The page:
Exercise Your Body Every Day

Food is only one aspect of your overall self-care routine. As Time asserts, exercise is just as impactful and can change the way you look and feel, as well as have an effect on mental health. Don’t let yourself get comfortable on the couch for too long; give yourself at least 30 minutes of exercise each day. If you do not want to deal with people, lack self-confidence, or just prefer your own space, there are many exercise programs online

Something else to think about is that you can have fun while working on your abs and agility. If you have a Nintendo Switch, games such as Ring Fit Adventure and Fitness Boxing can keep you moving from the comfort of your living room.

Take Up a New Hobby

Hobbies are not only fun but many, such as drawing, also have mental health benefits. Using the drawing example, putting a pencil to a piece of paper can help you gain a new perspective and may help stave off depression and anxiety. Drawing is also shown to help with your memory. The best part is that with nothing more than a piece of paper or sketchbook and pencil, you can get started today. If you don’t care for visual art, you can take that same paper and pencil and start writing, be it a journal or fiction.

Take Care of Your Home

Are things starting to pile up around your home? Do you often struggle to find the things you need, only to find that they’ve buried under other, less important stuff? If so, then you need to take some time to declutter your home. Not only will it help release any “bad energy” that may have built up in your home as a direct result, but it can help create a sense of peace and calm throughout your property. So, take a hard look around your home, identify areas that need attention, and set to work. You may be shocked at the difference it makes.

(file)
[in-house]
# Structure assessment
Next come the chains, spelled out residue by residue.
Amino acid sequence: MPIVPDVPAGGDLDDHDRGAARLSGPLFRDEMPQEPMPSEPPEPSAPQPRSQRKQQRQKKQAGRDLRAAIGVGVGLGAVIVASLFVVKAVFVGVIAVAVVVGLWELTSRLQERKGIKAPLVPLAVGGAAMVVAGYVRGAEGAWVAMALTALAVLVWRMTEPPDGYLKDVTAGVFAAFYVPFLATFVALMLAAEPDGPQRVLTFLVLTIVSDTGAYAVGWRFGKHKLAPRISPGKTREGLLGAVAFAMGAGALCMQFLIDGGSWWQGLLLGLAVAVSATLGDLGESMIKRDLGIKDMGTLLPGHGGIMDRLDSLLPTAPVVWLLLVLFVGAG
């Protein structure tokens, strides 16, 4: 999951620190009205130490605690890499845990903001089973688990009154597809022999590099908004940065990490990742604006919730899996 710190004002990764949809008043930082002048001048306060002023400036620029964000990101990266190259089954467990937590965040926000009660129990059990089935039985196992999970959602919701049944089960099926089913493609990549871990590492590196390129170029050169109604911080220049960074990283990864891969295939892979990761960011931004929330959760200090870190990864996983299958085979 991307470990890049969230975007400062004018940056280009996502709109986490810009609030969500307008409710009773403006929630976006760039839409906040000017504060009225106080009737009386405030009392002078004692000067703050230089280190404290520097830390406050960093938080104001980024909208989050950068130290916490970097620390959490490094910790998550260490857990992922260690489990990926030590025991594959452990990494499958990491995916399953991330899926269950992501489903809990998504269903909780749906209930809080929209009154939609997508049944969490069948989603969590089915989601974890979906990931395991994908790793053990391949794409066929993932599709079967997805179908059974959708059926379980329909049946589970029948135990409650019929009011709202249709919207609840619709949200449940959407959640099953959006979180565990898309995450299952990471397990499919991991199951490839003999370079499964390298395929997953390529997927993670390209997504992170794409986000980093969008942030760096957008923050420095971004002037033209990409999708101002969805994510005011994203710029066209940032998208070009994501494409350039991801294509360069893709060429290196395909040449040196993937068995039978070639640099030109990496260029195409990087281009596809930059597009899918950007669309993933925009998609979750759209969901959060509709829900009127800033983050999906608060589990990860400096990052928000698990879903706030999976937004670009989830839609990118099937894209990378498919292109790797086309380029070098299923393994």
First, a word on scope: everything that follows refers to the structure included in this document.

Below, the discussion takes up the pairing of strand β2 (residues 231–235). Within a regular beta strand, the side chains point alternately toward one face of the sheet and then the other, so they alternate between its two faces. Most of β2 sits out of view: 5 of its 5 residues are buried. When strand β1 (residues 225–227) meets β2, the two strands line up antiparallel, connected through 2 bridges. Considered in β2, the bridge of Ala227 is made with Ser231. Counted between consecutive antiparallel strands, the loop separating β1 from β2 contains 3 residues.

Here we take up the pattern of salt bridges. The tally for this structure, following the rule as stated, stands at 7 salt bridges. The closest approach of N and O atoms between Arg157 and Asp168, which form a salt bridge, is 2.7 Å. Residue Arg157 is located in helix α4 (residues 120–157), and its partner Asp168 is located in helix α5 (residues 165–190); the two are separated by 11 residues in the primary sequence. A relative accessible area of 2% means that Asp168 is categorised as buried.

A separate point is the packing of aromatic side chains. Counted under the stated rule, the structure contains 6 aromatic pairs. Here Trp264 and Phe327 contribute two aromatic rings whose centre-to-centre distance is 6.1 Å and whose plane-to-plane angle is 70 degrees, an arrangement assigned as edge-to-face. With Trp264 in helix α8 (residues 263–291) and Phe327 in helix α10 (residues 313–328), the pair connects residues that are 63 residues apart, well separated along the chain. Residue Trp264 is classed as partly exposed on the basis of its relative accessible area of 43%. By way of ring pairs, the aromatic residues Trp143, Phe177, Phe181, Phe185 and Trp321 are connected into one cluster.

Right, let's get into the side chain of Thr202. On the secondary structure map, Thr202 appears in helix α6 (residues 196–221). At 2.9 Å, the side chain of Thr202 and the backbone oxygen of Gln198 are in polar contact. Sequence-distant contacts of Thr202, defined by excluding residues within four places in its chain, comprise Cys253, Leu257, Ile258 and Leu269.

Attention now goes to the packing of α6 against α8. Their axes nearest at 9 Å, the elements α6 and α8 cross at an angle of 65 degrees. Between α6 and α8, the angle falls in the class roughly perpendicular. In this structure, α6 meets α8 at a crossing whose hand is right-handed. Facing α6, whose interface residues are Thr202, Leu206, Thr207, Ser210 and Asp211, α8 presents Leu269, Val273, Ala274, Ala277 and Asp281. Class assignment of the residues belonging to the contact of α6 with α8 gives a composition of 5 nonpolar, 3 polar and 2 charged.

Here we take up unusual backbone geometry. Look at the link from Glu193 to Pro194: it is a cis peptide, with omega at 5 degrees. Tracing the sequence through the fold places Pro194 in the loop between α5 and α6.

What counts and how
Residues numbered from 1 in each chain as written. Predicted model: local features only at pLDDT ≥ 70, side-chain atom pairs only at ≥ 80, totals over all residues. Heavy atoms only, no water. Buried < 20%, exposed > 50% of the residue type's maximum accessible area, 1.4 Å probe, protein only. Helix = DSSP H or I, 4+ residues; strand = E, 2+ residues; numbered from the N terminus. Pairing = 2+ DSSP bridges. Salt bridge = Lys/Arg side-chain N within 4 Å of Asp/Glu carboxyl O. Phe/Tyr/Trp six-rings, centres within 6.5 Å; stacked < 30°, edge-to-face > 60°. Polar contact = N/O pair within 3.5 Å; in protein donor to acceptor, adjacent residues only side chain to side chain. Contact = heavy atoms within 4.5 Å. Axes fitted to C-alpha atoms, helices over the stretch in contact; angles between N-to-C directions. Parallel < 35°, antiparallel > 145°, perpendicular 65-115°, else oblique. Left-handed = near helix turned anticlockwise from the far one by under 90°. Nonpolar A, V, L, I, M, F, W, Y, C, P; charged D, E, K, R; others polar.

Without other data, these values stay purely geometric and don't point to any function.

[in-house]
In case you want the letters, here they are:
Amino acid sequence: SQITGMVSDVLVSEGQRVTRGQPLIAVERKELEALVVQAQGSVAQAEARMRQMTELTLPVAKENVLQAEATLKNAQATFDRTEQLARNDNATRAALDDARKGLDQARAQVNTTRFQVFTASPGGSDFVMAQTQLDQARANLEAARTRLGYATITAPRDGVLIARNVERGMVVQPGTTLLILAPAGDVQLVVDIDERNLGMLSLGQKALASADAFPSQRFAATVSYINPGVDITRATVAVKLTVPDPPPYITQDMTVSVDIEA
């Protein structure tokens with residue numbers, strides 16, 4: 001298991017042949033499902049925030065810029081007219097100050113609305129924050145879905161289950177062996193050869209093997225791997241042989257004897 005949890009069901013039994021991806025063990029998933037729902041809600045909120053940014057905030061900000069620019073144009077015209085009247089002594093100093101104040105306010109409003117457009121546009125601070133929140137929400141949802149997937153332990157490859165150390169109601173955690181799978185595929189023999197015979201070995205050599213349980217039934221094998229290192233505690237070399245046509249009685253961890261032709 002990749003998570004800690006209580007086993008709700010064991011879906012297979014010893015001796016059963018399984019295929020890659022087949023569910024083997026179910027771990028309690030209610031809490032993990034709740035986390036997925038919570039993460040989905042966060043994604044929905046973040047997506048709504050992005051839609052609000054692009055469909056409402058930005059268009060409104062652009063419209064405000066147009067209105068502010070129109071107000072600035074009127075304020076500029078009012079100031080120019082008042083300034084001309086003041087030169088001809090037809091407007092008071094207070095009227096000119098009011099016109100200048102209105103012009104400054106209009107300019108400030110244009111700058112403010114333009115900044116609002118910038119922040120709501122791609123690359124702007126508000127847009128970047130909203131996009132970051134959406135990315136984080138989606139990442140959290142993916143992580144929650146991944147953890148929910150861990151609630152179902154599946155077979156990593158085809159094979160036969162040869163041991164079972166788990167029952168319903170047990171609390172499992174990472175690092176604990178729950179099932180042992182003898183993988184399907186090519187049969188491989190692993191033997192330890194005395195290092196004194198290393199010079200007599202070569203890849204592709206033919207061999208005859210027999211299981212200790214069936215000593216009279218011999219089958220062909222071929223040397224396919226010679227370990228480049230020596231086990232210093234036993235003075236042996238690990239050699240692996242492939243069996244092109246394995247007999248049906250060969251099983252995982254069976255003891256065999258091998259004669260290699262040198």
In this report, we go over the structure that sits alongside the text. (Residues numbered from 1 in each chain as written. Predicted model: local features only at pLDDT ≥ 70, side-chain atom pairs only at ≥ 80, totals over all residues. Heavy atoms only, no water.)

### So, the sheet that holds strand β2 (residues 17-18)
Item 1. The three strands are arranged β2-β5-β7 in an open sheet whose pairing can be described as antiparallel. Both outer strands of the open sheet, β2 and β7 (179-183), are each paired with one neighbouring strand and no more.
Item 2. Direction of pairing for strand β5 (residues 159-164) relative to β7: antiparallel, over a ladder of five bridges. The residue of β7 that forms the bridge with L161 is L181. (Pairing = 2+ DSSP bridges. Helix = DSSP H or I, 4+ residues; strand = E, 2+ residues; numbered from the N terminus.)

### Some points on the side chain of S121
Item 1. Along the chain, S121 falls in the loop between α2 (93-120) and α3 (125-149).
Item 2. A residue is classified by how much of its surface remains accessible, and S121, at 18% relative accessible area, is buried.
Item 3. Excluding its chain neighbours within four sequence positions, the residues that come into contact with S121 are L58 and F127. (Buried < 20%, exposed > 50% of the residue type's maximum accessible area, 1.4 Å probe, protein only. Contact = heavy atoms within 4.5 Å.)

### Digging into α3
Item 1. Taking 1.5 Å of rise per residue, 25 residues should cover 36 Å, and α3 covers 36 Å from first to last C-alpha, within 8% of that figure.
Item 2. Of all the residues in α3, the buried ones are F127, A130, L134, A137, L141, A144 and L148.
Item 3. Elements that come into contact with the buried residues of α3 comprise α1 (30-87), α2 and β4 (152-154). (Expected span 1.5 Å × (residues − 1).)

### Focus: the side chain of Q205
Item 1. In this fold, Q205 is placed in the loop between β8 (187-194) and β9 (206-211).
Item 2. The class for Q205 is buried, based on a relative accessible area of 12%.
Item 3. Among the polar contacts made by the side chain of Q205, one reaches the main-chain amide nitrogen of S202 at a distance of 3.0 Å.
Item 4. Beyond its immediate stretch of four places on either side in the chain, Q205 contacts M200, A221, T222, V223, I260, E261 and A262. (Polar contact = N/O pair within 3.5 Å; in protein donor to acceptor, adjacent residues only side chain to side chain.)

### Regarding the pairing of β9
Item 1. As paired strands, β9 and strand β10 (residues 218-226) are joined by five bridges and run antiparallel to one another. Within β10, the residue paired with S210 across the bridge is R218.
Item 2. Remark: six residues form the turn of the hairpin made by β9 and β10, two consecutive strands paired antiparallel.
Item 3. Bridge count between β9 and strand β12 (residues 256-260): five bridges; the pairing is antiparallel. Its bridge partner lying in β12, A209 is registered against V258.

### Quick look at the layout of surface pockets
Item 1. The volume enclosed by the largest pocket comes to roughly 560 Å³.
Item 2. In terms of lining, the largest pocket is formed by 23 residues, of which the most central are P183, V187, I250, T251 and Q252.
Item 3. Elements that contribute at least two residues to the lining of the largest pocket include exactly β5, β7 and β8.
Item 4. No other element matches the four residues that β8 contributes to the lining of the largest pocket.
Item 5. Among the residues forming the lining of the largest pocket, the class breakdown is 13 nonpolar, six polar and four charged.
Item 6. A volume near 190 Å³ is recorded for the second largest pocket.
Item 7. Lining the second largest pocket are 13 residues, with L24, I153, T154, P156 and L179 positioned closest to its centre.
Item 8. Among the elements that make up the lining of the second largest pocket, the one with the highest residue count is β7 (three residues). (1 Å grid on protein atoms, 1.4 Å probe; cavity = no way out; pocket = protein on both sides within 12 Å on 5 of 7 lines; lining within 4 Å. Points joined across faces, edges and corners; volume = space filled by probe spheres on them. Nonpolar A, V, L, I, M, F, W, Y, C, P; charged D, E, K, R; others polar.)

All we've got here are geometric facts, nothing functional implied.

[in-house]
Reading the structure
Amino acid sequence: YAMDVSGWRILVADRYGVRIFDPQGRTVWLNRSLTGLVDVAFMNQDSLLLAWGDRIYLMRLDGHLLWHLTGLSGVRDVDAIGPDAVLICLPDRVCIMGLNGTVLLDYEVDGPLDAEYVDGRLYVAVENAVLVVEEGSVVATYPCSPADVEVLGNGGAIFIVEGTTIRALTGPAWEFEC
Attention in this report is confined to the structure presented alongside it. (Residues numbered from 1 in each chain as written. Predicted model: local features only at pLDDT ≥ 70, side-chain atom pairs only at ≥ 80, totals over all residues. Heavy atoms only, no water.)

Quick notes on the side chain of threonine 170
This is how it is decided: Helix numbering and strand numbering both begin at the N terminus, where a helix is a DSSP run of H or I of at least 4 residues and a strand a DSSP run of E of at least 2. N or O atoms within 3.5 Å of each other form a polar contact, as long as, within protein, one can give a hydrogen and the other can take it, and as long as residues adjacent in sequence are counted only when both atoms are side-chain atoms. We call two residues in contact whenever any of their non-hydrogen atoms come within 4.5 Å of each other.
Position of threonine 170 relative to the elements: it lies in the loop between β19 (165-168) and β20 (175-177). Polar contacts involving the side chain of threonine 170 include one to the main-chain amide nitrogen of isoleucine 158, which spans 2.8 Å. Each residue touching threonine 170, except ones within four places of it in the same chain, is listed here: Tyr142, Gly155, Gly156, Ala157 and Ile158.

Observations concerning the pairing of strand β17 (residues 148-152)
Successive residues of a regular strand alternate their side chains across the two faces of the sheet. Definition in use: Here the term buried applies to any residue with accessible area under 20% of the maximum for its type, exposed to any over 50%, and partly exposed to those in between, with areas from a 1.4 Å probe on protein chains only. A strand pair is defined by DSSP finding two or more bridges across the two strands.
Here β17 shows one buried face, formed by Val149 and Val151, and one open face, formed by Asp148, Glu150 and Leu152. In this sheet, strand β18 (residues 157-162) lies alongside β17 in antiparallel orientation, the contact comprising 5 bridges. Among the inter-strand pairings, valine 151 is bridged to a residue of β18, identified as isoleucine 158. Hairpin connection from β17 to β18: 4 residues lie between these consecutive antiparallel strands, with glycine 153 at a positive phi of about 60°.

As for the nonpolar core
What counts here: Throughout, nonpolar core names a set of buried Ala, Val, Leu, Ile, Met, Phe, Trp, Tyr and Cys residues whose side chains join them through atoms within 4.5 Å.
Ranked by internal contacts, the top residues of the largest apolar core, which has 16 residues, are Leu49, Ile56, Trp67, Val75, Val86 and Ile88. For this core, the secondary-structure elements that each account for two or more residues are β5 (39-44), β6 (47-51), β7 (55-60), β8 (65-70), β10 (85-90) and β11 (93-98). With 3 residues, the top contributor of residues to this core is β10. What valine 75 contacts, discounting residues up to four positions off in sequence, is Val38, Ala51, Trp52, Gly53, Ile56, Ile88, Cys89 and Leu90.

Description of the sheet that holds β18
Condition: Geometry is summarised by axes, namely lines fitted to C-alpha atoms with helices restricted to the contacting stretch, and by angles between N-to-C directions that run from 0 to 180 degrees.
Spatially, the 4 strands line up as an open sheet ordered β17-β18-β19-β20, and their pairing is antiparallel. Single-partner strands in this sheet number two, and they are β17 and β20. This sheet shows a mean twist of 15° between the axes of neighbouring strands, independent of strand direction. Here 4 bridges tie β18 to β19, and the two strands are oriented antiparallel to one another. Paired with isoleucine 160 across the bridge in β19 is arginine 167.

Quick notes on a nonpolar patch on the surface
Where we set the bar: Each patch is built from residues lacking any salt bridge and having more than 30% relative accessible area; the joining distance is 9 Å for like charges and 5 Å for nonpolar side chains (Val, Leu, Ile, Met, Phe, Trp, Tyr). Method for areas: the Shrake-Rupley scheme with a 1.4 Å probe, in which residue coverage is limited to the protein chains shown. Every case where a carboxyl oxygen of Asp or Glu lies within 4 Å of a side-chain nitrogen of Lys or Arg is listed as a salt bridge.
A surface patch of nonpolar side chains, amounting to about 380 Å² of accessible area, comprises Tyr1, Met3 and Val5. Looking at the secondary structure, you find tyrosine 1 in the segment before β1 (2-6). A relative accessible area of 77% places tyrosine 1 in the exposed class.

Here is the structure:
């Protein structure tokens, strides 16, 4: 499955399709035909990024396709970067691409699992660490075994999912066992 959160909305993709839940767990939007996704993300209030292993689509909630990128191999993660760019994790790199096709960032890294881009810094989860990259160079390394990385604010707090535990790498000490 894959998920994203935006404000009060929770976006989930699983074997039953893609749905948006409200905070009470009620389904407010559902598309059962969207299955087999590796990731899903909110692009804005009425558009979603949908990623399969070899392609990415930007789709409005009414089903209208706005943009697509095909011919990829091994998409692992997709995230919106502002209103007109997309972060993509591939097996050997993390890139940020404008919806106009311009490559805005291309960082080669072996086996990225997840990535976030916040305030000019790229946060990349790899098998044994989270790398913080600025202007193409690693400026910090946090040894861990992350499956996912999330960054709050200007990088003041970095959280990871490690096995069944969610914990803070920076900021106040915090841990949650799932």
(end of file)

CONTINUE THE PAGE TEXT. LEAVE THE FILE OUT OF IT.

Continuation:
How you care for yourself is up to you. However, when your self-care plan doesn’t include crowds, you may need to look for alternative ways to do things like exercise and enjoy your free time. But remember, whether you’re an extrovert, introverted, or something in between, one of the most important things you can do for yourself is to prioritize healthy eating. Once you’ve done that, everything else will fall into place.

Image via Pexels

4 Ways to Relieve Household Stress While Self-Isolating

The COVID-19 pandemic and subsequent lockdowns have put lots of pressure on parents over the past couple of months, and while you have a bit more freedom to leave your home now, your options for activities are still rather limited. As you try to balance working from home with your kids hanging around and taking care of your other domestic responsibilities, you may struggle with rising tensions in your household. Here’s how to address a few potential sources of tension and create a happier environment within your home.

Guest Post By: Emma Grace Brown Emmagracebrown.com+emma@emmagracebrown.com

Unhealthy Lifestyle Habits

Has your family been neglecting exercise and healthy eating since you all began isolating? Practicing unhealthy habits can make you feel anxious, depressed, and irritable. It’s easier to manage household tensions when everyone is prioritizing their physical and mental health. Plus, focusing on fitness can be a fantastic way to release tension! Develop a solid workout routine, and choose exercises that the whole family can join in on.

It’s also important to clean up your diet. When you’re spending more time working out, it can be hard to find opportunities to cook, so Play Date Fitness recommends using an electric pressure cooker to concoct tasty, nutritious meals with little effort. 

Eliminate Fear